SPIELMAN’S MESSIANIC MISSION

Late last year, I went to a meeting with Ofsted’s Director of Strategy. During that conversation, I discussed my concern that Christians who simply want to exercise their freedom to live by biblical principles and to teach their children accordingly, are being accused of indoctrination. That view extends to any but the most anodyne teaching, or expression, of the Christian faith in schools. A significant part of the problem, I explained, is that the media simply lumps Christianity, Judaism and Islam together, labelling them all as extremist. Language like ‘hate-filled’ and ‘toxic’ is a regular part of reporters’ rhetoric and Ofsted is playing a considerable role in encouraging this perspective. I was given an assurance by the person concerned, who happens to be Amanda Spielman’s speech writer, that care would be taken in future.

So, you can imagine my disgust when I read Spielman’s speech to the Church of England Foundation for Education Leadership last week. To be fair, it’s helpful in that it does lay out the full extent of her messianic mission, including her antipathy to all but the most warm and fluffy expressions of faith – the type that John Major evoked with his description of ‘warm beer, long sleepy afternoons watching cricket on the village green, and old maids cycling to Evensong’. The extent of her anger with any opponents of Sunday School inspection was also very evident, even though primary legislation is the concern of a democratically elected Parliament, not of Ofsted.

Her solution – ‘muscular liberalism’ – merits interrogation. Presumably she has to define it as muscular liberalism because, as Tim Farron recently pointed out, liberalism has eaten itself  so the ideologues need something altogether, well, muscular. As is well documented, Spielman enjoyed a privileged education, which will have been balanced, diverse and pluralistic. It’s an education that afforded her ample opportunity to make up her own mind about what she believes and she’s clearly chosen secular feminism as her worldview – that’s fine. We live in a democratic country. She can believe whatever she wishes as a private individual. What she cannot do is abuse her role as Chief Inspector of Education, Children’s Services and Skills by imposing her views on society. To do so is to deny todays’ children and young people the right to understand, engage with and respond to any views other than her own.

When it comes to Christianity, she says that freedom of belief is acceptable in the ‘private sphere’ but not in the public square. The same, Ms Spielman, must therefore be true of your personal worldview. Fine for your private sphere – not acceptable in the public square. And most certainly not acceptable from a government employee heading up a department which purports to value freedom of speech, democracy, the rule of law and adherence to the Equality Act 2010. Just in case you need reminding, Ms Spielman, faith is a protected characteristic. The motto of the organisation you represent is ‘Raising Standards, Improving Lives’. Lives are improved when people have the opportunity to determine their own beliefs, not have them inculcated by aggressive secular dogmatists. You’re on record about the inculcation strategy, by the way.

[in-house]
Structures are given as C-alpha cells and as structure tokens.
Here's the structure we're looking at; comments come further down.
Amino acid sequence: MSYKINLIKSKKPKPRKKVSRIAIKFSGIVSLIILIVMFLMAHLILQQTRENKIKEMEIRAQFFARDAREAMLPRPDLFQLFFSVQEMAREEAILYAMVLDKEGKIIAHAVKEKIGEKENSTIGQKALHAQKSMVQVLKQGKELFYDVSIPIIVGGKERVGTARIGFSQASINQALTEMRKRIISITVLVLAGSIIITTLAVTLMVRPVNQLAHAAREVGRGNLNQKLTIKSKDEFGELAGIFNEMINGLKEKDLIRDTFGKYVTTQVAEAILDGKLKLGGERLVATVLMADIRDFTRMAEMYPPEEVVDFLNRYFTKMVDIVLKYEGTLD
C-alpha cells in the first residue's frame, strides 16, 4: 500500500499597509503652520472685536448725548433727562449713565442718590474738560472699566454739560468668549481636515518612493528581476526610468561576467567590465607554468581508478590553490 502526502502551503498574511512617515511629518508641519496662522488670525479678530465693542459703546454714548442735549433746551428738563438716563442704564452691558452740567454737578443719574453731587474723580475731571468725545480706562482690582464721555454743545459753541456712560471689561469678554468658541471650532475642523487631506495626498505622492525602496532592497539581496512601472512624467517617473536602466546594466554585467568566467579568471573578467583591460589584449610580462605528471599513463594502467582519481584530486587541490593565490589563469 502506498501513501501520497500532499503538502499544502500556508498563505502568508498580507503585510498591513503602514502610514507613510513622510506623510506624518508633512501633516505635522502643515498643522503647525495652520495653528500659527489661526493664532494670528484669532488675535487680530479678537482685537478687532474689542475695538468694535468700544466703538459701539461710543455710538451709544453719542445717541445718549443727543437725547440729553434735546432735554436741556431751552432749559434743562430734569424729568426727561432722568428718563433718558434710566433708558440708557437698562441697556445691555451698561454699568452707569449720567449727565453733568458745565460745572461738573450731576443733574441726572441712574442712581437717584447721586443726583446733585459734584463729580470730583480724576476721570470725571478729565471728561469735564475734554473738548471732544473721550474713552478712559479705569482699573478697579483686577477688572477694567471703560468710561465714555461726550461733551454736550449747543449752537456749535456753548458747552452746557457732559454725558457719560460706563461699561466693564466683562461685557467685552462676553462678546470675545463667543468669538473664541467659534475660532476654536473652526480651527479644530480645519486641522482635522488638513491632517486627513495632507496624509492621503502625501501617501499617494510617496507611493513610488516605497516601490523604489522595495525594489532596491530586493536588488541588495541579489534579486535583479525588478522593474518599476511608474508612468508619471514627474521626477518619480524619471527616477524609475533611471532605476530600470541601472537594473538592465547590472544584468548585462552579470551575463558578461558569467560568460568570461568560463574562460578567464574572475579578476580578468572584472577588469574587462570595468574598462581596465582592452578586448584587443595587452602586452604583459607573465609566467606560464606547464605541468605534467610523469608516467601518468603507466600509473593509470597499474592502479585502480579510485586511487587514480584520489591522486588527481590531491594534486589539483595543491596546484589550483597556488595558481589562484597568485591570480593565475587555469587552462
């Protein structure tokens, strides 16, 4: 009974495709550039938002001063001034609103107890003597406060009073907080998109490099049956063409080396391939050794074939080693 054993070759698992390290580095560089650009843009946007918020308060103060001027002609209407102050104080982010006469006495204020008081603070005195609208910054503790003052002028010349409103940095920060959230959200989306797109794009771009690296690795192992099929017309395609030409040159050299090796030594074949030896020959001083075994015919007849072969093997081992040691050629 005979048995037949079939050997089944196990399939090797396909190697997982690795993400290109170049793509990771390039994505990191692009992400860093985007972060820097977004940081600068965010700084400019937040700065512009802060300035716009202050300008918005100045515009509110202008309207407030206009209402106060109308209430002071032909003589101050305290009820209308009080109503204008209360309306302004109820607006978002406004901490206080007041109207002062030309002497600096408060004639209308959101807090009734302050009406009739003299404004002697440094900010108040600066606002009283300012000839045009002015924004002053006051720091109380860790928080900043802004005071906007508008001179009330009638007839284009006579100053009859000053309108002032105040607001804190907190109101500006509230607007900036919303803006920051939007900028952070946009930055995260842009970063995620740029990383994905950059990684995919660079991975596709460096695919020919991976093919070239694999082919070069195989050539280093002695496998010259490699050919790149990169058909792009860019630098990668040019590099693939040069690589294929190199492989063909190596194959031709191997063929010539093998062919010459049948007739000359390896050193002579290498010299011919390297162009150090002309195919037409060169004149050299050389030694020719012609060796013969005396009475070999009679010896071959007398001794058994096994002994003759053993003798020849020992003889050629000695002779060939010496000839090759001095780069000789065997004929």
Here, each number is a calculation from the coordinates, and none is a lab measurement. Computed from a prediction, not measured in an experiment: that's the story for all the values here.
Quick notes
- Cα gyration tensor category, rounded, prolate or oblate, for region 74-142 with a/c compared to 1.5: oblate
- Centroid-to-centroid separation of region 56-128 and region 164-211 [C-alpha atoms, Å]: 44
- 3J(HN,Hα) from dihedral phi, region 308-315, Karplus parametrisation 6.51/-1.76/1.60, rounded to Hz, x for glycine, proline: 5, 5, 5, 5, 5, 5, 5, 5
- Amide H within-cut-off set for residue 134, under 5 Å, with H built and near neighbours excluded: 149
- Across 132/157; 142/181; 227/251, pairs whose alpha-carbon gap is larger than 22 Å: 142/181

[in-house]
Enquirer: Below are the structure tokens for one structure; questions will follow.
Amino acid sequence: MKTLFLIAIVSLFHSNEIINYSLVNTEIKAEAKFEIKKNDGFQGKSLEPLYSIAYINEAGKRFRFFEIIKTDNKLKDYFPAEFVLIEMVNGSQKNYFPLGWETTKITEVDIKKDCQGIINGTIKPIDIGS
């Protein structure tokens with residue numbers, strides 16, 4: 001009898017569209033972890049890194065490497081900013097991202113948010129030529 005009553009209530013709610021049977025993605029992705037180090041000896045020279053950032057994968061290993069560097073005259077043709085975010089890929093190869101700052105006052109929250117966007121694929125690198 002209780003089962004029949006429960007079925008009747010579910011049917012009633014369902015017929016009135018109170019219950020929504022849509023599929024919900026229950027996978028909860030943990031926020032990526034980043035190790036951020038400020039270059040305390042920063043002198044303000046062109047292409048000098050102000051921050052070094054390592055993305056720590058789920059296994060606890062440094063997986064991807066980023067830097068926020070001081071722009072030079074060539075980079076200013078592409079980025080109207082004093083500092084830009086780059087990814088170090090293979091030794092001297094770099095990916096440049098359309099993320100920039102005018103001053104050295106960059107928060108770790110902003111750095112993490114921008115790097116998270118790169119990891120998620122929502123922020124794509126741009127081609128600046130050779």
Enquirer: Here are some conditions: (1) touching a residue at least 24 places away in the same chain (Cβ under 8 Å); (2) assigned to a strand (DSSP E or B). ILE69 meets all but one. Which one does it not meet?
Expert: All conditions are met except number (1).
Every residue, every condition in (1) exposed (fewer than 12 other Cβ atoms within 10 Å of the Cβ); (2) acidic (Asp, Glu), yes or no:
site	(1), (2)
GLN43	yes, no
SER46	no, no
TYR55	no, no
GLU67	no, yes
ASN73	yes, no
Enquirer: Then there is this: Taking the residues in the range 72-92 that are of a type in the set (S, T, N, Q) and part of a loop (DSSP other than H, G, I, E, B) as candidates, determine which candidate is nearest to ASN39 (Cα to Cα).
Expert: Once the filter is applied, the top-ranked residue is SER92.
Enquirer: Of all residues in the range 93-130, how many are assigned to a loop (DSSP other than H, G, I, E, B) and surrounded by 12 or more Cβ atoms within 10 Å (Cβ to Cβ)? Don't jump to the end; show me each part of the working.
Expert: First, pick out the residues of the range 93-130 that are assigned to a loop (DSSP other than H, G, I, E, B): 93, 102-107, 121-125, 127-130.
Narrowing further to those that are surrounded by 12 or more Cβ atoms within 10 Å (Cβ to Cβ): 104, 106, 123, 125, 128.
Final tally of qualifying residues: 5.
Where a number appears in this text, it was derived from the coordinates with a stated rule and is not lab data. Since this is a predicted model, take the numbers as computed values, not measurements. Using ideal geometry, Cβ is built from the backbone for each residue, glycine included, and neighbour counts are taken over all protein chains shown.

The problem was neatly defined by the Christian Institute – ‘Just because somebody is religious and has socially conservative views, that does not mean that they have their first foot on the escalator to violent extremism’. A spokesperson from Anglican Mainstream (which, unlike the Christian Institute, is actually Anglican, Ms Spielman, just to clarify) pointed out that extremism is ‘a violent response involving physical harm to people’ and to confuse that with work in defending marriage and sexuality is’ illiterate’. If you need some lessons in literacy, Ofsted, we are happy to oblige.

Other concerns were expressed by the Safe at School Campaign, who saw the implications of the speech as so sinister that they called for Spielman’s resignation. As their press release pointed out, Spielman was acting way beyond her remit by:
•usurping parental rights in saying that she would back heads against parents
• manipulating British values in limiting freedom to speak about belief, which is an essential part of a liberal democracy
•accusing schools which teach basic Christian principles on marriage, sexuality and the sanctity of life of ‘indoctrinat[ing] impressionable minds under the guise of religious belief’.

The problem with the imposition of social control, as many dictators have discovered throughout history, is the immutability of Newton’s third Law of Motion. For every action, there’s an equal and opposite reaction. So, Ofsted, you won’t solve the intractable, and very genuine, problem of extremist worldviews by imposing aggressive secularism, masquerading as muscular liberalism. You will simply drive the real problems further underground and out of reach, whilst alienating vast tracts of a reasonable and balanced society.

To paraphrase Pink Floyd (should you happen to be reading this, Ms Spielman) ‘Hey, Ofsted, leave our kids alone’.